First hired by Amazon in 2015, Smalls was performing so well that the company transferred him to the Staten Island warehouse to train workers when it opened in 2018. “At first I liked working at Amazon,” he said. “But that obviously changed over the years when I realized there’s some deep systemic issues with Amazon.” He said that Amazon’s injury rate is too high, that Amazon discriminates against older workers in hiring, that female workers are often mistreated, that workers are often fired when they face family emergencies and run out of time off. He also complained of racial discrimination. “I applied to be a manager 49 times and never got it,” Smalls said. “I knew there was some favoritism and racism that take place. A union could help on all these matters, Smalls said.

“Chris is very brave,” Derrick Palmer said. “All of us on the frontlines are very brave.” He added, “A lot of workers want to be in the cause, but they’re scared.”

Although the union effort is just getting off the ground, Amazon is already using many of the same tactics it used in Alabama, sending anti-union texts to workers, posting anti-union signs in bathrooms and surveilling the unionization efforts. Smalls says his union is responding quickly to what he says are Amazon’s falsehoods, such as its claim that if you sign a pro-union card, “you give up the right to speak for yourself”.

“We’re rebutting them as soon as possible,” Smalls said. “We’re publicly exposing them. We share everything on social media. Amazon has been desperate to destroy and discredit the union, and that makes them look bad. It’s backfiring on them.”

Smalls continued: “They already have anti-union signs in the bathroom and professional union busters walking around. They’re the ones overly harassing employees and scaring employees. They’re the ones taking away the voice of employees.”

Amazon didn’t respond to questions from the Guardian, which included asking it to respond to Smalls’s statements about race and age discrimination or mistreatment of women. Amazon has said: “We do not tolerate discrimination or harassment in any form.” Amazon recently announced a plan aimed at cutting injuries in half, saying, “We want [employees] to be healthy and safe.” Amazon often boasts that it has good pay and benefits and says, “We offer some of the best jobs available everywhere we hire.” In defending its anti-union efforts, Amazon says it’s important that employees understand all sides of joining a union.

As in Alabama, Amazon is telling workers they don’t need a union – or the burden of paying union dues. Smalls’s response: “Unionized workers make $11,000 more per year than non-union workers on average, and who cares if you pay $1,000 in union dues, when you’re making $11,000 more as a union member?”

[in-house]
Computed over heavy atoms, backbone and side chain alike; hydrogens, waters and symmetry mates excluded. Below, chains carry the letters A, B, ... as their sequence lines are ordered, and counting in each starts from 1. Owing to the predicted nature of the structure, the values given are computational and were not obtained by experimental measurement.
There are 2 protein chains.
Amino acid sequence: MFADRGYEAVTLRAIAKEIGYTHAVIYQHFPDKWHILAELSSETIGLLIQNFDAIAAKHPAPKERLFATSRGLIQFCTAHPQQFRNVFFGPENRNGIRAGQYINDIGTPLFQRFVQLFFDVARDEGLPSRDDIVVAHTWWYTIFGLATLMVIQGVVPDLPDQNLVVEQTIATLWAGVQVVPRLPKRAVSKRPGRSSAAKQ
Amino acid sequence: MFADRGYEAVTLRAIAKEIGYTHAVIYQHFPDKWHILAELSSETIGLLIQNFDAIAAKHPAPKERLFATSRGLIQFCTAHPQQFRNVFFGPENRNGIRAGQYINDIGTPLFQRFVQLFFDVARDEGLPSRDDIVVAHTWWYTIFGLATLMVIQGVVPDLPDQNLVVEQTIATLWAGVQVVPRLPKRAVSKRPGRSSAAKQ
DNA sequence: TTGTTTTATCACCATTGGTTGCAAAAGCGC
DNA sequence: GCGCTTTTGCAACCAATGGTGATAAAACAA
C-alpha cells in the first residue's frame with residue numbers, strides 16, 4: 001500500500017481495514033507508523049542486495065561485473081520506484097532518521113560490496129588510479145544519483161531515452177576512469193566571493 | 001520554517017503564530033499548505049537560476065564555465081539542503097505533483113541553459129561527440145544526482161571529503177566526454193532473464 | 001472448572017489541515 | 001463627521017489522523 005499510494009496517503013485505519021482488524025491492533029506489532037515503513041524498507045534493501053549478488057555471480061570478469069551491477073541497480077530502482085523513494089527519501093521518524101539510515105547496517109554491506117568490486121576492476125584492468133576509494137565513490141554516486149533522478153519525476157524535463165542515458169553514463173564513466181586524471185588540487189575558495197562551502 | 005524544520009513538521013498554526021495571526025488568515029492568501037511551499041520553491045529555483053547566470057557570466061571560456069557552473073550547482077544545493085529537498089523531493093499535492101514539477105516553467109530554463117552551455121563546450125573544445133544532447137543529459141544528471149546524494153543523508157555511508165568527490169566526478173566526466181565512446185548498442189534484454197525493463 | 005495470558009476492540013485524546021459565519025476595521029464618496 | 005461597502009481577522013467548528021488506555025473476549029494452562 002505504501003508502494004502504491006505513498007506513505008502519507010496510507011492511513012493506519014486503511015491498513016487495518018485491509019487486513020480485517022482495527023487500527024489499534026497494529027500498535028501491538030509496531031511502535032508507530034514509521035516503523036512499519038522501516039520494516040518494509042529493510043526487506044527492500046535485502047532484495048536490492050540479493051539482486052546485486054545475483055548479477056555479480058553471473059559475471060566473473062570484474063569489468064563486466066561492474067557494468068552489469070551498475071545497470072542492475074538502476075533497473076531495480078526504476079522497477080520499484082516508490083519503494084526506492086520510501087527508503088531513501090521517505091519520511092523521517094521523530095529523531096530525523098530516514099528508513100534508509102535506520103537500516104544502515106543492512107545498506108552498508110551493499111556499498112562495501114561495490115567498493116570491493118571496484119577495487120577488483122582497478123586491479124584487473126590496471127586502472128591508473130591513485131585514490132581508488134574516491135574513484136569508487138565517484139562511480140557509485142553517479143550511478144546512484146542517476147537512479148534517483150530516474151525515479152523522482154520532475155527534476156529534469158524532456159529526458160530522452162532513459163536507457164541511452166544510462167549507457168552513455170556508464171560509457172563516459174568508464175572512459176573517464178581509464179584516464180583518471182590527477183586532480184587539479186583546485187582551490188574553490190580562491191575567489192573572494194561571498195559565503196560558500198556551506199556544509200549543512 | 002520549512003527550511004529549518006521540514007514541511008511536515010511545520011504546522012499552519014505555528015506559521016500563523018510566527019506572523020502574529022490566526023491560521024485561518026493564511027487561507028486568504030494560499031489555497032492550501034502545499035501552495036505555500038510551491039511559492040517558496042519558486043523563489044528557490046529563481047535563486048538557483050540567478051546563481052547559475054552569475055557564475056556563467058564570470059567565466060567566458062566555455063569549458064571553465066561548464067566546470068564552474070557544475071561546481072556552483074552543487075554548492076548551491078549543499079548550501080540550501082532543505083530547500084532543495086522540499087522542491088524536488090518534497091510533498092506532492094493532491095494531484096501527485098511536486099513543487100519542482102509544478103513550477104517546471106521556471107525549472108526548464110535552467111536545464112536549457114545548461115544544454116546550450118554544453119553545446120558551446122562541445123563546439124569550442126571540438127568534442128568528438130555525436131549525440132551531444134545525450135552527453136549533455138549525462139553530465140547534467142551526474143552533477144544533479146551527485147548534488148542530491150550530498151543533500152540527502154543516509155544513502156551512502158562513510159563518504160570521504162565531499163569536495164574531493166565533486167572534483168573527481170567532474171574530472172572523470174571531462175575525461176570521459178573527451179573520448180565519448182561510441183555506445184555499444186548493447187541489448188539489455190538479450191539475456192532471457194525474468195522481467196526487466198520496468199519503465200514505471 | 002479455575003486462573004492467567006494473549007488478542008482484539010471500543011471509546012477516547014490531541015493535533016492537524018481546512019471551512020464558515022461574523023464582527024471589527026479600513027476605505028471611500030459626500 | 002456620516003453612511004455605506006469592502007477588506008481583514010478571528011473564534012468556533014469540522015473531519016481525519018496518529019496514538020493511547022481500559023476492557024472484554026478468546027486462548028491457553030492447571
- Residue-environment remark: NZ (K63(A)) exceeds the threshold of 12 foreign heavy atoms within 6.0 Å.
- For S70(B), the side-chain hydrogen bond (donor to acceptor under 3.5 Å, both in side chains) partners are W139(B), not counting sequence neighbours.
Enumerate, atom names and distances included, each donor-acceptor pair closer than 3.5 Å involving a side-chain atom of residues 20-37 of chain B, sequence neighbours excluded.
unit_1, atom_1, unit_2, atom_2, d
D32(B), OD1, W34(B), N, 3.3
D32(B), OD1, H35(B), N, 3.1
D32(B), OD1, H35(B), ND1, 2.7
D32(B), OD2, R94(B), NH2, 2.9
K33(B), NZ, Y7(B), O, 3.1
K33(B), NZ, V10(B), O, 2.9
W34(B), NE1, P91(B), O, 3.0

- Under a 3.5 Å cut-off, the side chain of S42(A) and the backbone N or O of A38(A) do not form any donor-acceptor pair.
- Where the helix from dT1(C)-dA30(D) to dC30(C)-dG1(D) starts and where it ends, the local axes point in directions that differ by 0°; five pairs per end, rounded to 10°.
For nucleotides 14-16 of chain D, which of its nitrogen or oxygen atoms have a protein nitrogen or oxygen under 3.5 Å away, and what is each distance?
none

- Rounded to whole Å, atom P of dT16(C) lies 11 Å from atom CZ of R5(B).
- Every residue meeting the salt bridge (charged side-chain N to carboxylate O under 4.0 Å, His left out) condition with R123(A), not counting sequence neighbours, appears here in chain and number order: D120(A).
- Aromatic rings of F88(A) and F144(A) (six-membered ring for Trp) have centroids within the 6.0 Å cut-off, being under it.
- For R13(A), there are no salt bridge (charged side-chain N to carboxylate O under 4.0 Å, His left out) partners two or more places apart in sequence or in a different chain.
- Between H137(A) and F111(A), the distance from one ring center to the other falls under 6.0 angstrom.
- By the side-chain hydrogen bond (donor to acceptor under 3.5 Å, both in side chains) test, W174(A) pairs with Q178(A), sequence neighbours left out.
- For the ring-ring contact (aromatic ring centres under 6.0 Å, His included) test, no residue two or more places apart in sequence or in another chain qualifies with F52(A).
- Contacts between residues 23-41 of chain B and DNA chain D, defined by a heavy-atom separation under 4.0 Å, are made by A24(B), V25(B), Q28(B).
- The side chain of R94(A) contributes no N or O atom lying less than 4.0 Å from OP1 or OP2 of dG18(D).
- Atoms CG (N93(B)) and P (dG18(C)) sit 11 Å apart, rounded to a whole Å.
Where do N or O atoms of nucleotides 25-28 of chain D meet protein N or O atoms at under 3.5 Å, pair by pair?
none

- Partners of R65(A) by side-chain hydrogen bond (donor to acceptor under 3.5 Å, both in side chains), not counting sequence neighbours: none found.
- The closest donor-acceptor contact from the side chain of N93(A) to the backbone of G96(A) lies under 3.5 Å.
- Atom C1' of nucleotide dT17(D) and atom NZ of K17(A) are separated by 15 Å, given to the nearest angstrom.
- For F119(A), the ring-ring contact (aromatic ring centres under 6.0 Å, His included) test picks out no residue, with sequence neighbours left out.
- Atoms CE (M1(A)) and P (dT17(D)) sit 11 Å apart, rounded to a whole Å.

Steven Greenhouse in New York

The GuardianTramp

Related Content

Article image
'We are not robots': Amazon warehouse employees push to unionize
Workers announced launch of union push in response to working conditions as company says it does not recognize allegations

Michael Sainato

01, Jan, 2019 @12:00 PM

Article image
‘People feel intimidated’: the battle to unionize second US Amazon warehouse
Wages and safety concerns are behind the push but the company is fighting fiercely to defeat the union drive, workers say

Steven Greenhouse

29, Sep, 2022 @9:00 AM

Article image
Amazon labor organizers push for second union victory in New York
About 1,500 eligible workers at LDJ5 sorting center on Staten Island vote in union ballot, after recent success at JFK8 warehouse

Michael Sainato

25, Apr, 2022 @6:00 AM

Article image
‘I'm not a robot’: Amazon workers condemn unsafe, grueling conditions at warehouse
Employees under pressure to work faster call on retail giant to improve conditions – and take their complaints seriously

Michael Sainato

05, Feb, 2020 @8:00 AM

Article image
Blow to Amazon union drive as New York workers reject latest bid
Warehouse workers near Albany vote against forming a union by nearly two to one margin

Guardian staff and agencies

18, Oct, 2022 @4:43 PM

Article image
‘War of attrition’: why union victories for US workers at Amazon have stalled
A year after a ‘historic’ victory in Staten Island, New York, hope for a wave of union victories is looking less momentous

Michael Sainato

08, Apr, 2023 @8:00 AM

Article image
US judge orders Amazon to ‘cease and desist’ anti-union retaliation
Company must read out public notice to employees at Staten Island warehouse, which won vote to unionize in April

Michael Sainato

28, Nov, 2022 @6:10 PM

Article image
US Amazon warehouse workers prepare for historic union vote
Labor board overturned first election over company’s unfair conduct, giving workers another chance to be the first Amazon facility in US to unionize

Michael Sainato

15, Feb, 2022 @9:00 AM

Article image
Biden gives tentative support to Amazon workers in union push
President does not mention retail giant by name but sends backing to ‘workers in Alabama’ currently voting on unionization

Lauren Aratani

01, Mar, 2021 @5:55 PM

Article image
‘We’re organizing to improve lives’: New York fast-food workers push to unionize
Manhattan-based local union that works with Fight for $15 has launched effort to unionize Chipotle and McDonald’s workers

Steven Greenhouse in New York

30, Sep, 2019 @6:01 AM